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Charlottetown sets money aside for engineering work on proposed Belvedere roundabout

Roadside sign for roundabout.
Roadside sign for roundabout. - 123RF Stock Photo
CHARLOTTETOWN, P.E.I. —

This could be the year the City of Charlottetown finally moves ahead on the proposed Belvedere roundabout.

Council recently passed its capital budget, and the document indicates the city has set aside $75,000 for engineering and testing work at the intersection that connects three major streets — Belvedere Avenue, Brackley Point Road and St. Peters Road.

“(The work would involve) testing of the substance of the soil and the composition of the soil – what it would take and need – and testing for contaminants and things,’’ said Coun. Mike Duffy, chairman of the public works department.

Soil testing is scheduled to take place on Monday which could result in possible traffic delays. The work is expected to be completed by mid-afternoon.

The city has promised a roundabout at this major intersection for years, but it’s been hard to get off the ground.

“The only thing that’s holding us back is funding,’’ Duffy said.

“If there was, politically, an atmosphere that would encourage this to be the year that we get this important roundabout going, this would be it. I would say this is the most optimistic we’ve been.’’
-Coun. Mike Duffy

It will cost about $5.5 million to transform the large intersection into a roundabout, a project that will be shared by all three levels of government.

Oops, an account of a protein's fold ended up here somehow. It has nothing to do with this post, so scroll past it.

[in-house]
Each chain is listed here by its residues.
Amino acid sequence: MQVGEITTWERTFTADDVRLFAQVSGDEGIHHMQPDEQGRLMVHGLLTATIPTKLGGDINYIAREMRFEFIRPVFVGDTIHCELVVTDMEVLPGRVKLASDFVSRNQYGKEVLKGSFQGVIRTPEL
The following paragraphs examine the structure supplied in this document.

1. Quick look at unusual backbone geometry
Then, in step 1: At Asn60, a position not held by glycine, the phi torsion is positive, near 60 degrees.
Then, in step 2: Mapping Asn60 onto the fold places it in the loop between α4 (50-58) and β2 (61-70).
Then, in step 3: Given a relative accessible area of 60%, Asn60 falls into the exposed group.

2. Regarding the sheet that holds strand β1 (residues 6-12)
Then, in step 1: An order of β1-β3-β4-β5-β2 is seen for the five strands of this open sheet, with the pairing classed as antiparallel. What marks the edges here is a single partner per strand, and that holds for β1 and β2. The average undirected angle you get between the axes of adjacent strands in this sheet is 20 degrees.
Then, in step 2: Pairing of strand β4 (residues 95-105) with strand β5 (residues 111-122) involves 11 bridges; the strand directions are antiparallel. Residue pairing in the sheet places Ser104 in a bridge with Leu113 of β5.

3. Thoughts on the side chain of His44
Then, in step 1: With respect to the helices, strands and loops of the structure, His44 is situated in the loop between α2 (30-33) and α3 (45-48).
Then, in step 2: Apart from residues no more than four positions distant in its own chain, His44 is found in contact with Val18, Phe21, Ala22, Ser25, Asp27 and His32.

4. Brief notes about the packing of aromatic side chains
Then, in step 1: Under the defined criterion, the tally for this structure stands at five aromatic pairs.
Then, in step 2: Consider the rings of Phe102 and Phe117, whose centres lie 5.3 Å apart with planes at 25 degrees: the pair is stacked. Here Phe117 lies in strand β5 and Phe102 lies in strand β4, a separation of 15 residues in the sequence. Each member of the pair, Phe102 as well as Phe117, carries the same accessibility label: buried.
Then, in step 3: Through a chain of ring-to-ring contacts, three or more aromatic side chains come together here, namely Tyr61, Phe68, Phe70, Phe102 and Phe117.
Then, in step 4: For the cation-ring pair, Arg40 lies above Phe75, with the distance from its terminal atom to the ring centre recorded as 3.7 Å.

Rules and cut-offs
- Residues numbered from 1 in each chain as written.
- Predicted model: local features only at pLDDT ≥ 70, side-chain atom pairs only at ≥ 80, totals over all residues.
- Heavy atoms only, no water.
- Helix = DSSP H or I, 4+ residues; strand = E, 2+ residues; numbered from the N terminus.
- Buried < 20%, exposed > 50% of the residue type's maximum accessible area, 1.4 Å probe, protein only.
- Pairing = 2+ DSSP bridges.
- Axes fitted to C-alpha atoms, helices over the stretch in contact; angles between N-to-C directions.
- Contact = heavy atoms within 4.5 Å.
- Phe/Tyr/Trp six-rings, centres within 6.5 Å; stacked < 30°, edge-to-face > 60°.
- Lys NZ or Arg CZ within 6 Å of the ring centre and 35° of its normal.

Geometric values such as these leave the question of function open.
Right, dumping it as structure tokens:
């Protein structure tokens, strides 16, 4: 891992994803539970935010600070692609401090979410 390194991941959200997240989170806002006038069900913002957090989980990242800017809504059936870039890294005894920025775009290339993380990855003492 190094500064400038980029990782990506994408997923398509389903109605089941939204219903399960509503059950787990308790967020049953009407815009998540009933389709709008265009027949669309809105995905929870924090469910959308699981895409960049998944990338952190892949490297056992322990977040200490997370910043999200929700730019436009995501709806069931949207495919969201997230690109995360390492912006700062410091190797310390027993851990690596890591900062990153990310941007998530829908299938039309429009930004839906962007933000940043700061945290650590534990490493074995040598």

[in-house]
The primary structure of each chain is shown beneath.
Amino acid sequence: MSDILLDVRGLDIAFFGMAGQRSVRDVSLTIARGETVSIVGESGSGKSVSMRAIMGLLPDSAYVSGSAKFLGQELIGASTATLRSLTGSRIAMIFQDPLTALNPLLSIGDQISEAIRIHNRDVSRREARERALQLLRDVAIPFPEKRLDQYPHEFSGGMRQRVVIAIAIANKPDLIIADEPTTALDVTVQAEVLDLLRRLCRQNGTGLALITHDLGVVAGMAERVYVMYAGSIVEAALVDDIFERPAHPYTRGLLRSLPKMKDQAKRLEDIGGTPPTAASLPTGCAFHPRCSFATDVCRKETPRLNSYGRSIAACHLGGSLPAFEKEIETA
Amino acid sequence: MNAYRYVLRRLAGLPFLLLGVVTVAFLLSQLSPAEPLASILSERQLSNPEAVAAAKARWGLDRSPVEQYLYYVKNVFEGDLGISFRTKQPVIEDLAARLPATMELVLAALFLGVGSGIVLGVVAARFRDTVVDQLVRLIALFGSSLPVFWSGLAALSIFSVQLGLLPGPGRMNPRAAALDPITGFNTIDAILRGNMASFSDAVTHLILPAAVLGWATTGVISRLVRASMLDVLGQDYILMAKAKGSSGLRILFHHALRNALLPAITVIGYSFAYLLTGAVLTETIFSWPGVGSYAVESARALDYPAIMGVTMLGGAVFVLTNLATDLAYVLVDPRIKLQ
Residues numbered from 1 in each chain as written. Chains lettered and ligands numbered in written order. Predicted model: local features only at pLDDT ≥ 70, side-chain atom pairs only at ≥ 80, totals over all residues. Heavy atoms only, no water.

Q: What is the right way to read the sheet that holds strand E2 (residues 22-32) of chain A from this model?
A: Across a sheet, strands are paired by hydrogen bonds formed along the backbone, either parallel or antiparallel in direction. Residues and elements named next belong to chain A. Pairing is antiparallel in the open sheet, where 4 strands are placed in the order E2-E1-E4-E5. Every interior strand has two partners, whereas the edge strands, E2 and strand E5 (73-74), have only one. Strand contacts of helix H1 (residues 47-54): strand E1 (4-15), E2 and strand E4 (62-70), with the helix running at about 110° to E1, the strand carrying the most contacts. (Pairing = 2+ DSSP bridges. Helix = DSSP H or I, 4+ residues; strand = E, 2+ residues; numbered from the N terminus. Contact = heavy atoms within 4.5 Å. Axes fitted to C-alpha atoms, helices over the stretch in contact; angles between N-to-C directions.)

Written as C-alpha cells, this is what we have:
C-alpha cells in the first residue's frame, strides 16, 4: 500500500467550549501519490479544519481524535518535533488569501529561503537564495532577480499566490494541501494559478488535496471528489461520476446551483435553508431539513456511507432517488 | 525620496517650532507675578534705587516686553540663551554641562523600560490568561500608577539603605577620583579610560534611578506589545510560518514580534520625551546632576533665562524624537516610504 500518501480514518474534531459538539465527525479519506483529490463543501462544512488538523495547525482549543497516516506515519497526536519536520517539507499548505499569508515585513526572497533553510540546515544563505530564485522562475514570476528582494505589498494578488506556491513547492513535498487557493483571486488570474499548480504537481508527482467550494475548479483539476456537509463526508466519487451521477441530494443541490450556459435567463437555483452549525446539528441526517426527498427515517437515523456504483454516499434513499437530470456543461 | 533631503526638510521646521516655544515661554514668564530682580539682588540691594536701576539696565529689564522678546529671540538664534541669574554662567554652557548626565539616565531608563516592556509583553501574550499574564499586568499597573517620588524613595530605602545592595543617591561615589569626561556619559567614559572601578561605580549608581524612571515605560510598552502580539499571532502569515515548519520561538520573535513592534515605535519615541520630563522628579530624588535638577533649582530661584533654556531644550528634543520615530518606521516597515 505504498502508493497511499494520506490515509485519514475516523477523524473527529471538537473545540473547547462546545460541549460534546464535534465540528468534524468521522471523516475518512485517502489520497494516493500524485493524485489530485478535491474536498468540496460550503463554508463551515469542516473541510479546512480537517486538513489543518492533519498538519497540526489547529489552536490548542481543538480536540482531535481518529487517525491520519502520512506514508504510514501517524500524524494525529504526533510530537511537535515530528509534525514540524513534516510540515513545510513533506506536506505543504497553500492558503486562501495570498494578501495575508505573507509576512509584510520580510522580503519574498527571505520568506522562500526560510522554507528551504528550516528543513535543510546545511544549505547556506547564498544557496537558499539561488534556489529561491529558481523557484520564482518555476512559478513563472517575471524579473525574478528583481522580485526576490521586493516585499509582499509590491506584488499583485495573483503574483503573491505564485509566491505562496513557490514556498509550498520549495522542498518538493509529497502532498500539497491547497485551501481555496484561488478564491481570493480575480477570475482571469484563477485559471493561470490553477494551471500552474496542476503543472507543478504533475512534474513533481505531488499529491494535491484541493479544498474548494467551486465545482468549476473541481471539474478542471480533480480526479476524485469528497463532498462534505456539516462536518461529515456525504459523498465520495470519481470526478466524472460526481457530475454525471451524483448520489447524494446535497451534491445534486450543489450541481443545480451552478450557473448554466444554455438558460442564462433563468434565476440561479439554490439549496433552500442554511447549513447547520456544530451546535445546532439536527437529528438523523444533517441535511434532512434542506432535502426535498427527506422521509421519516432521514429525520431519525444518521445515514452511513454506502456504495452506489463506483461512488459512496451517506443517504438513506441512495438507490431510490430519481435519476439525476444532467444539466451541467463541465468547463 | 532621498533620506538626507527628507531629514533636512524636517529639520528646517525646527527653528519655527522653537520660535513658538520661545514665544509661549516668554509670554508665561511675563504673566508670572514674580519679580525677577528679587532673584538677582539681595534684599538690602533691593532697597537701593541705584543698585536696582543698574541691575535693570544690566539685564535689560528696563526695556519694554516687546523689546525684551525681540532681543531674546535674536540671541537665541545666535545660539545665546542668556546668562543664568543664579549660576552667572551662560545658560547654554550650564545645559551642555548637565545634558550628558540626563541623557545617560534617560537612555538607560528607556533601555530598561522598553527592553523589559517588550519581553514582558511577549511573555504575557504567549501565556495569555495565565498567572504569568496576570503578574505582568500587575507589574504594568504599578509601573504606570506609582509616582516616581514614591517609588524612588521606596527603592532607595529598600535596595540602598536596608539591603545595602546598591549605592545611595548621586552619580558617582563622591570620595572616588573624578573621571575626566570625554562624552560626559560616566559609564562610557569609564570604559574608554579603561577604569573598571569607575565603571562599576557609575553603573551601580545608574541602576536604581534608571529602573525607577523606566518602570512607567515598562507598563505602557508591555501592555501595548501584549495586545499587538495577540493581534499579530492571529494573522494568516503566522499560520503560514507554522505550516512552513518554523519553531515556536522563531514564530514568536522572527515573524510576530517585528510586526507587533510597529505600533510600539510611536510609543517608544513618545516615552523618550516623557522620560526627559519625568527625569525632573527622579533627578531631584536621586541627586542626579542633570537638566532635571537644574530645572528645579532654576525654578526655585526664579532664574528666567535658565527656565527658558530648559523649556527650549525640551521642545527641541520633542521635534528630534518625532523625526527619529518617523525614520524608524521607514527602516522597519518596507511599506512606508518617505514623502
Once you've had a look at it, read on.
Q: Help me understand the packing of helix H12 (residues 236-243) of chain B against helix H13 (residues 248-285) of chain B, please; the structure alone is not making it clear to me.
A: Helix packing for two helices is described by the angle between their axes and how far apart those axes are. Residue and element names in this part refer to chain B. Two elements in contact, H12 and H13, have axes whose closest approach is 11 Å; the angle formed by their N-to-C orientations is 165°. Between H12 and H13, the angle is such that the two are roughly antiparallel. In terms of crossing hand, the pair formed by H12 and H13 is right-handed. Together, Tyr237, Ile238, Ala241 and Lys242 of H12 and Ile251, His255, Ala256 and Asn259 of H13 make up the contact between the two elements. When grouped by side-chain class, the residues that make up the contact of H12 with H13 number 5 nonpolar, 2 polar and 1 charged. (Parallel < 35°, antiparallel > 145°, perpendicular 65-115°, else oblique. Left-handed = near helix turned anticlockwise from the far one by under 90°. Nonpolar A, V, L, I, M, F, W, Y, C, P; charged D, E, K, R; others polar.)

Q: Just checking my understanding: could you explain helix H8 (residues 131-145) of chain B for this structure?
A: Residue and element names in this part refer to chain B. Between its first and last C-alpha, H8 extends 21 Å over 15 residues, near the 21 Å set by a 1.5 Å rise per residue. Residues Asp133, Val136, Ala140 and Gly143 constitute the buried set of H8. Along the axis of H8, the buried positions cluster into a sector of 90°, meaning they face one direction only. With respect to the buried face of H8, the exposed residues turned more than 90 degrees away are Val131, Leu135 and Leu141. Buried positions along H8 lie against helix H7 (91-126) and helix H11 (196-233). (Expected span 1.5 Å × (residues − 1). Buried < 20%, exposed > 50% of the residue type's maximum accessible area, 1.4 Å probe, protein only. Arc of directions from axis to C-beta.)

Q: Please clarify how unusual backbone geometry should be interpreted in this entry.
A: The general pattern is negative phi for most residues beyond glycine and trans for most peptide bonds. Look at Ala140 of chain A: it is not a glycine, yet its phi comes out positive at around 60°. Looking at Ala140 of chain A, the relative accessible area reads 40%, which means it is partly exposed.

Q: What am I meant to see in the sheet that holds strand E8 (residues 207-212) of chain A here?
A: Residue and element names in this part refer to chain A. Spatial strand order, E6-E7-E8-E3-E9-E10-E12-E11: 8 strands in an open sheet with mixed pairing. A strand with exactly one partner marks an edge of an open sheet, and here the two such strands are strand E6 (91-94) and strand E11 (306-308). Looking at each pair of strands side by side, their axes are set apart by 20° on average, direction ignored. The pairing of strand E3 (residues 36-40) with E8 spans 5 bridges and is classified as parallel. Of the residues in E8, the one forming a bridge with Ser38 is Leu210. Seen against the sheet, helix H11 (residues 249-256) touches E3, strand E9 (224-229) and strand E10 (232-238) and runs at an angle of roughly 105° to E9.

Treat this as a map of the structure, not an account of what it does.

The city has its share — about $1.8 million — ready to go but is waiting on the provincial and federal governments to write their cheques.

The city also has three of the four pieces of land it needs to proceed. And, it has $250,000 set aside in the capital budget for land acquisition.

As it stands now, there is no federal government infrastructure program that would fund the roundabout project. The city has been waiting for a while for the feds to introduce a new one.

After saying this project would get going before, only to see nothing happen, Duffy said if there were ever a time to be optimistic it would be this year. There is widely expected to be two elections this year, with the province likely going to the polls this spring and the feds this fall.

“If there was, politically, an atmosphere that would encourage this to be the year that we get this important roundabout going, this would be it,’’ he said. “I would say this is the most optimistic we’ve been.’’

Earlier this year, Mayor Philip Brown said he was tired of seeing the roundabout promised in municipal election after municipal election over the past decade. It’s time for action, he said.

Duffy agrees.

“This is the number one priority for the City of Charlottetown’s public works (department) for this coming fiscal year. Anyone who has gone through that intersection knows how confusing it is, which leads to danger, so it’s our number one priority.’’

Twitter.com/DveStewart

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